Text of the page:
Around the world, the VHS tape was a very popular format for film. As such, it was very common for bootleggers to make unauthorized VHS tapes of films. In the USA, it was more frequent in theater recordings recorded directly from the movie theater projection (telecine.) The bootleggers would be caught by the police and be fined for copyright infringement and unauthorized duplication as well as distribution if they were well known in the tape duplication circle.
Worldwide, the bootleg circle was much larger as many of these countries did not have official home media releases (sometimes for many years, if at all.)
This was the case in the USSR (and other countries under communism) as they could not get the home media distribution rights in proper. As a result, voiceover translations were created (this was the translation being read over the original soundtrack) They were usually done by unknown people (usually men) voicing all of the characters.
Some countries did it differently than others. For example, many of the Serbian voiceovers that exist include multiple voices voicing over the characters.
Examples of Bootleg VHS :
Polish VHS of Bambi :
This is a bootleg VHS of Bambi I have bought on eBay a few years ago. The tape is from 1993 (?). The cover art uses the 1989 "Classics" edition from the USA and the tape master included is the 1989 USA edition (with trailers and all.) This tape contains a Polish male voiceover speaking over the original English audio. Songs are not voiced over and are left in English.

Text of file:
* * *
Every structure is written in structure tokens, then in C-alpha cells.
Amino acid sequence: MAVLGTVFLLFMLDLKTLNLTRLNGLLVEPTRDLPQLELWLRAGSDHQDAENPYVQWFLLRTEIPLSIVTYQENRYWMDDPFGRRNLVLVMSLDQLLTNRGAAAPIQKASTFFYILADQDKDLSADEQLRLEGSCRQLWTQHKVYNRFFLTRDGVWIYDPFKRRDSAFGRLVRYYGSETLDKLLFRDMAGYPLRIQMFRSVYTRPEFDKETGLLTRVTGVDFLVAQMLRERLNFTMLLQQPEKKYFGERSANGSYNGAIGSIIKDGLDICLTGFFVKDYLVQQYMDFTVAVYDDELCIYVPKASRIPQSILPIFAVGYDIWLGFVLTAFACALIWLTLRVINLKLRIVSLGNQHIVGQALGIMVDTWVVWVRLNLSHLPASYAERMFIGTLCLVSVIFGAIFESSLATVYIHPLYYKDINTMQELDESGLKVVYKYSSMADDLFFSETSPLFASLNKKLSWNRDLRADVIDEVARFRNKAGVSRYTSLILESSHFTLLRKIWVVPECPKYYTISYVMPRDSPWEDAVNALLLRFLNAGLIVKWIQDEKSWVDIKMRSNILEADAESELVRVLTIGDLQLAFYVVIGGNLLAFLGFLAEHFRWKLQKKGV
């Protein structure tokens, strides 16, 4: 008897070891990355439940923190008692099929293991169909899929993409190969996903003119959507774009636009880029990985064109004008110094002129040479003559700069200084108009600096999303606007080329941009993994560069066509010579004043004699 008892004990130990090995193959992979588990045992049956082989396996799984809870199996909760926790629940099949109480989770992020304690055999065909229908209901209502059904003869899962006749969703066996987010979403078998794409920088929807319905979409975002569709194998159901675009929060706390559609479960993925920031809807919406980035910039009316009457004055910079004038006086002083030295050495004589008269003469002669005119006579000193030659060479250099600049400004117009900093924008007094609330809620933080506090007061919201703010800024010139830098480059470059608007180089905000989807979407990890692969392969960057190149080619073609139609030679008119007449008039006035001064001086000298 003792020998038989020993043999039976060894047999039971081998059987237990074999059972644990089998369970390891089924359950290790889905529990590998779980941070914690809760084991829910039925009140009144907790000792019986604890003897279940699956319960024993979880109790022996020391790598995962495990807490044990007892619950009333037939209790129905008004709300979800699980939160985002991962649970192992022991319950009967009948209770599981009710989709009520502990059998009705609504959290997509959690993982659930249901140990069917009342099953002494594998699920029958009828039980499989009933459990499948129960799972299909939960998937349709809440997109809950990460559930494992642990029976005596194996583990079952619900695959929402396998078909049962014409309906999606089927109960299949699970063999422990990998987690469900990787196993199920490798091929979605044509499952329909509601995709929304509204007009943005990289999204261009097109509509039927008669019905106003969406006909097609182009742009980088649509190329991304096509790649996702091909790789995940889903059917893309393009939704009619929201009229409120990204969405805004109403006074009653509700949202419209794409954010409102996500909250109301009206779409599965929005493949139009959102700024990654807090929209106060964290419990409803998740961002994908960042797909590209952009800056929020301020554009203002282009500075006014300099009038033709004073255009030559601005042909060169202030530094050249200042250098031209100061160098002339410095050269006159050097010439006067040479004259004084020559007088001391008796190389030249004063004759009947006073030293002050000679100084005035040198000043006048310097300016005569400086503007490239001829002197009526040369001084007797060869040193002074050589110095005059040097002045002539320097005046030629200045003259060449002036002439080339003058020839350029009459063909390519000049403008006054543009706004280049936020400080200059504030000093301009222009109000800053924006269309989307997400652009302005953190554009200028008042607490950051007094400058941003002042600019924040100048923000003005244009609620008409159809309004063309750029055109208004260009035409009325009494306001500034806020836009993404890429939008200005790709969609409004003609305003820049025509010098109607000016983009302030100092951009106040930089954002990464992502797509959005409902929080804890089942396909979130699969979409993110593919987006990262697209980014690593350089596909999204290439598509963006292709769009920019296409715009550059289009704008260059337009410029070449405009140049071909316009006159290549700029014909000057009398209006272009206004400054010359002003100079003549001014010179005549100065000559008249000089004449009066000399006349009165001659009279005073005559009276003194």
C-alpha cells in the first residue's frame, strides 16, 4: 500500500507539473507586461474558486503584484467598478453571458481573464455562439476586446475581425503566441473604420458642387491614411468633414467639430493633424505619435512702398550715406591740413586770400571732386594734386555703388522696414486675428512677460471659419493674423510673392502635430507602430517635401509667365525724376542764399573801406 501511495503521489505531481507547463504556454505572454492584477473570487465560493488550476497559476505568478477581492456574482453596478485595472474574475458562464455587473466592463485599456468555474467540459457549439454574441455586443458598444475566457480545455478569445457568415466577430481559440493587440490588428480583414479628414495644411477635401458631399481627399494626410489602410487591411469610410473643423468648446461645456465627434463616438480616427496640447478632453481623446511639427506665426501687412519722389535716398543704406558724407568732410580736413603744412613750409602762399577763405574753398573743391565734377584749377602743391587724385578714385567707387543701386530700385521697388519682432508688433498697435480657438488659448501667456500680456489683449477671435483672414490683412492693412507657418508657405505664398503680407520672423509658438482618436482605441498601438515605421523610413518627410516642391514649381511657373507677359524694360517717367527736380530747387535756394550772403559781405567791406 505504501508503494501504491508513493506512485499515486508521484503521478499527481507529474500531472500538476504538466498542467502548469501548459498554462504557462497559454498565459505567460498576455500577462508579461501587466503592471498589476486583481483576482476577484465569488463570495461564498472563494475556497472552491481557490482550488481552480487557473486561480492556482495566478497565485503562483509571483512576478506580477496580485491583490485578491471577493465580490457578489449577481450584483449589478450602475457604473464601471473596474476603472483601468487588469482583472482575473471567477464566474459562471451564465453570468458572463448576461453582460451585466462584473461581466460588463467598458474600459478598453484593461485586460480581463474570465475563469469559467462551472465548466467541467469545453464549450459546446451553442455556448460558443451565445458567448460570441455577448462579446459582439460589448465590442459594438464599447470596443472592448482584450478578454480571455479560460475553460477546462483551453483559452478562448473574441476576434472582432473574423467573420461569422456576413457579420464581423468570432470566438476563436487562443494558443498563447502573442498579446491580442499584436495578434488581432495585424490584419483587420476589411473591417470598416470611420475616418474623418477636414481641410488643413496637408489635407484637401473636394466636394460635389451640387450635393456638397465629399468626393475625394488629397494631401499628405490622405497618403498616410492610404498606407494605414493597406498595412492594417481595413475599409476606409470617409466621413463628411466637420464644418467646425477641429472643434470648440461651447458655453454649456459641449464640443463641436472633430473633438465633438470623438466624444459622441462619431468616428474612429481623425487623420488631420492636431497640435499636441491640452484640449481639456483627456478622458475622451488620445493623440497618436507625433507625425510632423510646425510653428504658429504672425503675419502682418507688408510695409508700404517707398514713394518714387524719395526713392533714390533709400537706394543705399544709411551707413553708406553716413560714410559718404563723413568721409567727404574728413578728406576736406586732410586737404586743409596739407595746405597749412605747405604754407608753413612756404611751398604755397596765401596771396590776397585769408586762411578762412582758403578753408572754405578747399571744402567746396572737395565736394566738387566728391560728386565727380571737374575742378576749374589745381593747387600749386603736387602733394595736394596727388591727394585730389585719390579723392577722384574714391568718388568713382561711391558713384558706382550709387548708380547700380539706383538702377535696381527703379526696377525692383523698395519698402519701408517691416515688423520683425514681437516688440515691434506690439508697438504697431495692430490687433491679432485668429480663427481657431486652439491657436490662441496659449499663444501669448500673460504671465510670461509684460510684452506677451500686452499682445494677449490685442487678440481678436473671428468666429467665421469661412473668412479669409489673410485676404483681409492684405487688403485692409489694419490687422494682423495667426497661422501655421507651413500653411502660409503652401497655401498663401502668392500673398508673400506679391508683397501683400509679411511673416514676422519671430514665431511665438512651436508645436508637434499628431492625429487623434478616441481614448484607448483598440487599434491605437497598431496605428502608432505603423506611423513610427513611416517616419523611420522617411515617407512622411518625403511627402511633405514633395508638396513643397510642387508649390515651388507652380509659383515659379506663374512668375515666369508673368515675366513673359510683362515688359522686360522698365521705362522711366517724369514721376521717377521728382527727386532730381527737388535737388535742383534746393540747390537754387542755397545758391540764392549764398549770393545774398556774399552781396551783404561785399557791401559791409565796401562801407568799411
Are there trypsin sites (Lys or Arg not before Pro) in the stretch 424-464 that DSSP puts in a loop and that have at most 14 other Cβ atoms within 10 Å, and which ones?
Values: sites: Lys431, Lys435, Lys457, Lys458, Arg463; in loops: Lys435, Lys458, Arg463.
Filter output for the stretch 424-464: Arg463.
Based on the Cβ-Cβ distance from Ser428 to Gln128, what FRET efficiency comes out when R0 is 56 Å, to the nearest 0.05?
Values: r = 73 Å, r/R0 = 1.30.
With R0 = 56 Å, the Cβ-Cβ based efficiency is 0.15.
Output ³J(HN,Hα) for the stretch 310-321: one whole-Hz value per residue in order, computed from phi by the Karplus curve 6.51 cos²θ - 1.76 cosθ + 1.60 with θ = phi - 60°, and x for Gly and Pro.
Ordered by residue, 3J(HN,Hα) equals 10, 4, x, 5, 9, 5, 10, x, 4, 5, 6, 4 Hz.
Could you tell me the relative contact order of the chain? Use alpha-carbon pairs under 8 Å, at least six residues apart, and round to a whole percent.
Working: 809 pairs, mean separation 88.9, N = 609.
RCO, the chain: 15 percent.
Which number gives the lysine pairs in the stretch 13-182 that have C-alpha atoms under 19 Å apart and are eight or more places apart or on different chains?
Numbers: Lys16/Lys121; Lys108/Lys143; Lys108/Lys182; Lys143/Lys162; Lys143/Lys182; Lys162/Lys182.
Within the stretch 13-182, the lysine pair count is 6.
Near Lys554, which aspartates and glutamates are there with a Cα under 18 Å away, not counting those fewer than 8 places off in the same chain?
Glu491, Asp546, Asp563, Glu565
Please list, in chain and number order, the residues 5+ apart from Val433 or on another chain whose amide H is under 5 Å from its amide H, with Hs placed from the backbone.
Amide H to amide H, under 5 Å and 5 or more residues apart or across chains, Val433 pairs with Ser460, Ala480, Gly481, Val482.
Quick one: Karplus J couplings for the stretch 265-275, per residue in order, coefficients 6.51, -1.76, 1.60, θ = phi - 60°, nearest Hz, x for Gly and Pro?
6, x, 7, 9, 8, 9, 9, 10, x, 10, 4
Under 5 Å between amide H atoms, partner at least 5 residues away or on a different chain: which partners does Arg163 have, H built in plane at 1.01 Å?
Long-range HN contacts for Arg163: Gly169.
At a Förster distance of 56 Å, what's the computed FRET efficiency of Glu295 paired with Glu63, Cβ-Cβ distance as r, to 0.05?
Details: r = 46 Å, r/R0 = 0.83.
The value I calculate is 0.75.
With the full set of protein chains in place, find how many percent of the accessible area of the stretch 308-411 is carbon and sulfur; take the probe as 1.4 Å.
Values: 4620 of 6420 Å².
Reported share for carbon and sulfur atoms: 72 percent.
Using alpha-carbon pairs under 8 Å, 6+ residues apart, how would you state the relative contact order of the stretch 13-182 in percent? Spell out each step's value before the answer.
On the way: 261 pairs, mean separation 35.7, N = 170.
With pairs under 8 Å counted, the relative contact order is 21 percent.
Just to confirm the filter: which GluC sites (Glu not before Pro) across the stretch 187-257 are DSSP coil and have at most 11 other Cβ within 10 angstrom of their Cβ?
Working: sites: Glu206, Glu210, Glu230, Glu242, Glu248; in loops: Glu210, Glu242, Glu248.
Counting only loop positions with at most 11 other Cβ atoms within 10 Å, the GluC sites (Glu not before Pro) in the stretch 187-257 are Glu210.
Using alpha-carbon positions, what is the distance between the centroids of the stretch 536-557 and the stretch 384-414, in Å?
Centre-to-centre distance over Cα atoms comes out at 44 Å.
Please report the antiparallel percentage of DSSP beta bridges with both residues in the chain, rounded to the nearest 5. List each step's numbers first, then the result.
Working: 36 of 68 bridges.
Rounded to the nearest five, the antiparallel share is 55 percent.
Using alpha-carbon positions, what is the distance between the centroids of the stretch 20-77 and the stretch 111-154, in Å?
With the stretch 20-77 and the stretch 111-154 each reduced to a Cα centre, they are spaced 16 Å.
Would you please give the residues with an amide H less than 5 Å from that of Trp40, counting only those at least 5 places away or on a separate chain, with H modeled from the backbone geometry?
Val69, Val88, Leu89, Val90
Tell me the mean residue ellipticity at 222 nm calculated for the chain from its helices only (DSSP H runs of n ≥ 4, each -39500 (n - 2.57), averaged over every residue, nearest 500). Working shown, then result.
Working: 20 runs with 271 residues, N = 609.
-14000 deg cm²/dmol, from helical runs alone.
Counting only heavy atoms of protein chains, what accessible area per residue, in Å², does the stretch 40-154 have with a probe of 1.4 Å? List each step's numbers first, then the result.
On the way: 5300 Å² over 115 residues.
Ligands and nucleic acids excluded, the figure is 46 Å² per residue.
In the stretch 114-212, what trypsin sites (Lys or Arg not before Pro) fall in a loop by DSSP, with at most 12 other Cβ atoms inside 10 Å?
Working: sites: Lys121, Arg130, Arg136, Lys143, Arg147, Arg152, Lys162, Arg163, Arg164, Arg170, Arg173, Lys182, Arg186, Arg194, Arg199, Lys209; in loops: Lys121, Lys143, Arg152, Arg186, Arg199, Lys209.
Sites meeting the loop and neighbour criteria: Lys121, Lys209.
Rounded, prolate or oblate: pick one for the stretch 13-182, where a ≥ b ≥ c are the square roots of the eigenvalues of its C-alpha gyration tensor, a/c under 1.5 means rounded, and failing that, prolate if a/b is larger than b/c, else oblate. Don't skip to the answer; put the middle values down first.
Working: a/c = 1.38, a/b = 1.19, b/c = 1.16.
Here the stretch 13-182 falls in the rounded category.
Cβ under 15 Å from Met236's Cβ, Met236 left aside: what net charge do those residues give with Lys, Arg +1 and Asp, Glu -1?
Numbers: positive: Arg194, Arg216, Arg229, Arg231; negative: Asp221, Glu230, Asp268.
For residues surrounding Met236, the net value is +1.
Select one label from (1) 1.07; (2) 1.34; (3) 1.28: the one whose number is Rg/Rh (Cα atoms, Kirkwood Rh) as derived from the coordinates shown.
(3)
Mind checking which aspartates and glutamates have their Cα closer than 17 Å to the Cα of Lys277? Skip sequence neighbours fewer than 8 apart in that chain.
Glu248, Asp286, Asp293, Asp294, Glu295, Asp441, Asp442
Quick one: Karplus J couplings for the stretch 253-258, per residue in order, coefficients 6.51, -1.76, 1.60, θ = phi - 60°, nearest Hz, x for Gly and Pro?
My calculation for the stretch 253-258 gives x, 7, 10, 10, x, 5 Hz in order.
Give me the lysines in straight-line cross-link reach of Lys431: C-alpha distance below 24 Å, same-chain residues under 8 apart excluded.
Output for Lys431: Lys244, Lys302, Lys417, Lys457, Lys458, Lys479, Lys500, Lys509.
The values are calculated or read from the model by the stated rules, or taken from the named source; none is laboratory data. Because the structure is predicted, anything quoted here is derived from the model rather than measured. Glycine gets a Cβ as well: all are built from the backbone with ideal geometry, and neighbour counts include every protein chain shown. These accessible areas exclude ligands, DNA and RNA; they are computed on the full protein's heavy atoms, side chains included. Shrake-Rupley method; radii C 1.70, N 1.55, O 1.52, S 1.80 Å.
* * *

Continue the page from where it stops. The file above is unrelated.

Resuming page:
Russia is very famous for their many voiceovers. This is due to the bootlegging of videotapes of films during communist Russia. The cover art would be completely different from the official VHS cover art. This tapes contained an amateur male voice that would voice all of the characters.
The Serbian VHSes are an interesting case as these were sold in stores and would have cover art that closely matched the originals. As mentioned earlier, the Serbian voiceovers would typically include multiple voices. In some cases, some of the films would have more than one voiceover version as the VHSes have been released several times.
Some of the voices are even known in some of these versions ! Snow White is an example of one that includes known voices.
These voices include :
Татјана Станковић / Tatjana Stanković
Виолета Пековић / Violeta Peković
Горан Пековић / Goran Peković
Небојша Буровић / Nebojša Burović
The covers tend to vary in quality (some are very close to the official cover art, while others take a different direction.)
In this example, Snow White, Pinocchio and Peter Pan include extra photos that are not included on official releases; while Bambi, Cinderella, The Sword in the Stone, and The Lion King II : Simba's Pride use the original cover art.
Public Domain :
In some countries, some of the Disney animated films would fall into the public domain due to how the public domain laws are set up. In Japan and South Korea for example, films produced until 1960 are in the public domain. Which is why DVDs / Blu-Rays of Disney animated classics may have different cover art on Amazon or eBay (these are the public domain editions.) The dubbing included is often different from the normal dubbing circulated by Disney (they would be amateurish quality with the songs left in English.)